So how do you get what you need? If you aren’t willing to give then you may not put yourself in the position of having your needs met. Confused yet? The giver’s perspective is quite a bit different than a taker’s outlook. Believe me, it took some work on this frog to understand what those four words really mean. Your subconscious and conscious level usually aren't comfortable with letting go and taking the risk that is involved. The other issue that seems to cloud the coffee is thinking that this involves tangible things. To a taker it probably centers on that issue, to a giver it usually doesn’t, though sometimes tangible things are involved. The intangibles are what most people really need and many times that escapes people.
Tangibles bring creature comforts which aren’t a bad thing. The intangibles bring fulfillment in any relationship, rather business or personal. Just extending your hand to another, being willing to step out on the limb for someone and hoping they don’t have the saw in their hand or being able to walk that extra mile needed to arrive at your destination come to mind.
You have to adopt the concept of trust. That was my initial drawback in buying into my mentor’s thought process. Looking back at Part 1, I learned to realize that my baggage was getting in the way. I hadn’t ever adequately stowed it away, not forgotten it because hopefully I learned from it but relegated it to where it belongs - the past. I learned from it but sure don’t need to continue to live there. Everyone isn’t like everyone we have ever met, or encountered, in our life. It seems more sensible to step out there and trust another until they give you a reason not to. That’s risky. I won’t tell you that it isn’t because I’d be blowing smoke at you if I said it isn’t. Life is about risk though as is the fulfillment of having your needs met.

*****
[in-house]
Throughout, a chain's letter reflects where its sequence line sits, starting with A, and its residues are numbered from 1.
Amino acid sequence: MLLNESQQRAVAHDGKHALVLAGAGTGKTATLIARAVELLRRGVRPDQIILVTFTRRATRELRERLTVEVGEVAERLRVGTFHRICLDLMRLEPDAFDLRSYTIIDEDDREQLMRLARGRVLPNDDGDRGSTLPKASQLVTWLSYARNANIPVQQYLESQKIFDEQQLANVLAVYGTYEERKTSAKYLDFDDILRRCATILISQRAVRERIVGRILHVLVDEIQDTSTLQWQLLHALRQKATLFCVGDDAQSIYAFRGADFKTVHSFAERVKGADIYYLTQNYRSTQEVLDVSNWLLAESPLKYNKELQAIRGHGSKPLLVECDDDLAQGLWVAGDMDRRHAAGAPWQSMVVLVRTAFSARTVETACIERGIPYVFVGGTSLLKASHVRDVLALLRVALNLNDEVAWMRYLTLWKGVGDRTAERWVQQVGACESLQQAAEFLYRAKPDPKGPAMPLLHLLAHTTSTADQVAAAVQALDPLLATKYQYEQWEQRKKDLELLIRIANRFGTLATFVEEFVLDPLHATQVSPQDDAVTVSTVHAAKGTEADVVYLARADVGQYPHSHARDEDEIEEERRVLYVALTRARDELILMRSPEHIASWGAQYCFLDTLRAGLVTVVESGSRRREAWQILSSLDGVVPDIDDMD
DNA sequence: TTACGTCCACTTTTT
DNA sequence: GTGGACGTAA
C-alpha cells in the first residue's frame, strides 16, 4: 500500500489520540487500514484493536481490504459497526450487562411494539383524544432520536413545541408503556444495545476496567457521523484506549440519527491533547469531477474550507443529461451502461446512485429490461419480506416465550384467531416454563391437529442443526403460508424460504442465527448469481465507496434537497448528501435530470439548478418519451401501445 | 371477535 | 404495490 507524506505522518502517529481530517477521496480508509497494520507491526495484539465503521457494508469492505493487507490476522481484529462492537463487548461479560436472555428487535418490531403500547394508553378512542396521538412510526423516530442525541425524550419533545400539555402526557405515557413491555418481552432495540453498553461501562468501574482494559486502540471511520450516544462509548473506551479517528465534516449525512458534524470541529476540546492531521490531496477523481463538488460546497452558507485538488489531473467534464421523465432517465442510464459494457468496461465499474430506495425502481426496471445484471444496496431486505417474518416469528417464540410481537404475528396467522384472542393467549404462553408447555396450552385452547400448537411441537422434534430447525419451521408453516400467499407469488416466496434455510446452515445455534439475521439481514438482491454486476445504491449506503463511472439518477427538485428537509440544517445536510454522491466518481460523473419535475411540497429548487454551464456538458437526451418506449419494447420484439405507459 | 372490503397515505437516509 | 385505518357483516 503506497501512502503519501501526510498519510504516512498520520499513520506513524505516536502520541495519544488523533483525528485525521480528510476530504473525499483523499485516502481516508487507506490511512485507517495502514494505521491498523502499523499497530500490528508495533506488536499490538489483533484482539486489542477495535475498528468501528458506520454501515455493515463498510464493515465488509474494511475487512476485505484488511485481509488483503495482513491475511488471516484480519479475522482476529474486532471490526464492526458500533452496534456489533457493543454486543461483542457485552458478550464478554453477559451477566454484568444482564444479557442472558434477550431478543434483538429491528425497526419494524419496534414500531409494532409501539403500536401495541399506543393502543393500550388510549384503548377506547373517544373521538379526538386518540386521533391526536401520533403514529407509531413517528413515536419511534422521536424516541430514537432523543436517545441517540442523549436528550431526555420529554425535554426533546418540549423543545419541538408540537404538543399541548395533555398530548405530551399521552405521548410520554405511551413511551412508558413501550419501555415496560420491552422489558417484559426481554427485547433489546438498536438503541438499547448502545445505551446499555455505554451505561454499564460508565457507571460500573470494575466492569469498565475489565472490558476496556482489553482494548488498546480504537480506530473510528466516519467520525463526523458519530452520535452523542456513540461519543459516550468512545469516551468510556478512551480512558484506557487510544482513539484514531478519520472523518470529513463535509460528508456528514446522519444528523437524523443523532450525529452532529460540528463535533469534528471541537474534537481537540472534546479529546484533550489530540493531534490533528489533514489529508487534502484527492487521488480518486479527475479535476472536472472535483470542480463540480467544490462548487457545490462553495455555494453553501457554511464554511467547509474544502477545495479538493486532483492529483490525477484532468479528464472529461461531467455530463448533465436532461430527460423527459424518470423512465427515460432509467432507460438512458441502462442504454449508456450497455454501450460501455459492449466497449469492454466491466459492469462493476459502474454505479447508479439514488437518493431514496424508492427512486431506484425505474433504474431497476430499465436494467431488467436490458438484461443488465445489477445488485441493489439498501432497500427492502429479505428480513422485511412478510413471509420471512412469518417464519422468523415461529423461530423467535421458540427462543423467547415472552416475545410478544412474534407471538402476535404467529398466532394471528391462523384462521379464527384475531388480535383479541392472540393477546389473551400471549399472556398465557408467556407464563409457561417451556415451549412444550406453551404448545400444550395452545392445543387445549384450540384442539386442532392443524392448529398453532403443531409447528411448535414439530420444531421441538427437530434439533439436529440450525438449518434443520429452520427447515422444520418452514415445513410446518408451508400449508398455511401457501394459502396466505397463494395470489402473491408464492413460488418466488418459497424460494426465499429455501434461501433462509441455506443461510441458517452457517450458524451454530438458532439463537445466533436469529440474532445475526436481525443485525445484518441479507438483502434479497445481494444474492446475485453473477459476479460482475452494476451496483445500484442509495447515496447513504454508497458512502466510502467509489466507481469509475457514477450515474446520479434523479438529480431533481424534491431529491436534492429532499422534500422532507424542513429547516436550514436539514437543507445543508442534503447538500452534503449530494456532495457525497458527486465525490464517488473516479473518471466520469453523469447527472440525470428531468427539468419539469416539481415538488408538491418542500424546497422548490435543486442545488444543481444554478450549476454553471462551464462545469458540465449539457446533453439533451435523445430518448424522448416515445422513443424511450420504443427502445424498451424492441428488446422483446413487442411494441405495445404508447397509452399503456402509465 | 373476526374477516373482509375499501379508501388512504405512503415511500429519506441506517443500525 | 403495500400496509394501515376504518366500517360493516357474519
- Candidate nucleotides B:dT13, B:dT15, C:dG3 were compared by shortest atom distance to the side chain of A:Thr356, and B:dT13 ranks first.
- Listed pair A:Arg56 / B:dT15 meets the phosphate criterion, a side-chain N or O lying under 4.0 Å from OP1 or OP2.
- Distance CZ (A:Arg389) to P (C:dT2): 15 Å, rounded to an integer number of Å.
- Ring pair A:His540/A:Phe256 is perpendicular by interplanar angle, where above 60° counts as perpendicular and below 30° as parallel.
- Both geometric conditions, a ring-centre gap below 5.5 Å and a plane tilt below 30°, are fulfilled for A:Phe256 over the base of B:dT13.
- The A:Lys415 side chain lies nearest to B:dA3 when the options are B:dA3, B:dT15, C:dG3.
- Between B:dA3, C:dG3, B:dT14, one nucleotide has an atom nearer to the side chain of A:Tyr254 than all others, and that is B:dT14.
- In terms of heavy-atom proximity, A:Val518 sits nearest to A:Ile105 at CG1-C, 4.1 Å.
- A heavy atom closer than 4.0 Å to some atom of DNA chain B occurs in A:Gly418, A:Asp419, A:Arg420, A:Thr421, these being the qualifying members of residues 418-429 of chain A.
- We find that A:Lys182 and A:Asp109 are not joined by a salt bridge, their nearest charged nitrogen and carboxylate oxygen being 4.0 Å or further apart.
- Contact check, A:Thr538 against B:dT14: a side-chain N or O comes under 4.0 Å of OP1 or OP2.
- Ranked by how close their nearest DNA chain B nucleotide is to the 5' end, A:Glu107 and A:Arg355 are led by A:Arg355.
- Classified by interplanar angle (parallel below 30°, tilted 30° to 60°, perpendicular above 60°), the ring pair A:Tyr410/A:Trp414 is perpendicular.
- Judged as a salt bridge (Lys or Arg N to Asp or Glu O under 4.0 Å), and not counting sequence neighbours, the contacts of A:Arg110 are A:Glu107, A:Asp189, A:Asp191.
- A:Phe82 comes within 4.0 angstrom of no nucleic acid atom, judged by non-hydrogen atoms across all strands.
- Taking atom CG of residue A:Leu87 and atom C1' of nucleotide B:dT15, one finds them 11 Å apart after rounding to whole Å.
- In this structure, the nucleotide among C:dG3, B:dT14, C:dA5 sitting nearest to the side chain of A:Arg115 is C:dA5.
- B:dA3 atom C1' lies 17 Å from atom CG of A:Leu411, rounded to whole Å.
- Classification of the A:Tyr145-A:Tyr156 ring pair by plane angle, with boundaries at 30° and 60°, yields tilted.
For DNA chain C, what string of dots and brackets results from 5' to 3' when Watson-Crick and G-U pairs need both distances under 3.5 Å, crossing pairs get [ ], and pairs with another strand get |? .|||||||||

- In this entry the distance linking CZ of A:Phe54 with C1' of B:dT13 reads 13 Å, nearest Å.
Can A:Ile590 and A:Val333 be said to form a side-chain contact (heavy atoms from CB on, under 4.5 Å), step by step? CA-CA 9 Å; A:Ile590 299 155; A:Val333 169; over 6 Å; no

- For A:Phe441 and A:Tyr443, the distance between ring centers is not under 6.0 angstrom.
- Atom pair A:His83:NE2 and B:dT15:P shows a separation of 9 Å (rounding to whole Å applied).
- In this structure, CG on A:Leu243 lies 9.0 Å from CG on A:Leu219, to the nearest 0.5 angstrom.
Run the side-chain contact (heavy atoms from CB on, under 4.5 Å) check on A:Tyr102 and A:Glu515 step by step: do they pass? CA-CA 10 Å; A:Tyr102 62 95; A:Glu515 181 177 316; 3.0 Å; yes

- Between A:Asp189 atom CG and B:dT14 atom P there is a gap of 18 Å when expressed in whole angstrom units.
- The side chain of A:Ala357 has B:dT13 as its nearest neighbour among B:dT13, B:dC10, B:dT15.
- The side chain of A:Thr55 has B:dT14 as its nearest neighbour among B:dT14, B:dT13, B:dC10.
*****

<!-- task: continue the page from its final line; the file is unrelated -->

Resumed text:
The song I inserted into this article hits home on the theme of Part 2. When a giver meets another giver in any given situation that is an ideal relationship that can be built on and be rewarding for all the parties. When a giver gives and the taker keeps on taking and taking eventually the giver will either throw up a road block to such conduct or completely walk away from the situation. I have done both before and will do so in the future. When you take more than you give it is bound to happen as Dave Mason says it will, “We wouldn’t be in this mess today!” Some people are incapable of giving to get what they need. It’s a mindset that can be overcome. It just takes work and the work has to be done by you, as a person, on yourself.
I, or anyone else, can work with you as long as we're moving in the same direction. When you're pulling in one direction and I'm pulling in the other it becomes a tug of war. You have to learn to give in order to get.
Part 3 will come but the "mind sort" and flow of words are important to me so stay tuned.
"Happiness isn't something you get but SOMETHING YOU DO."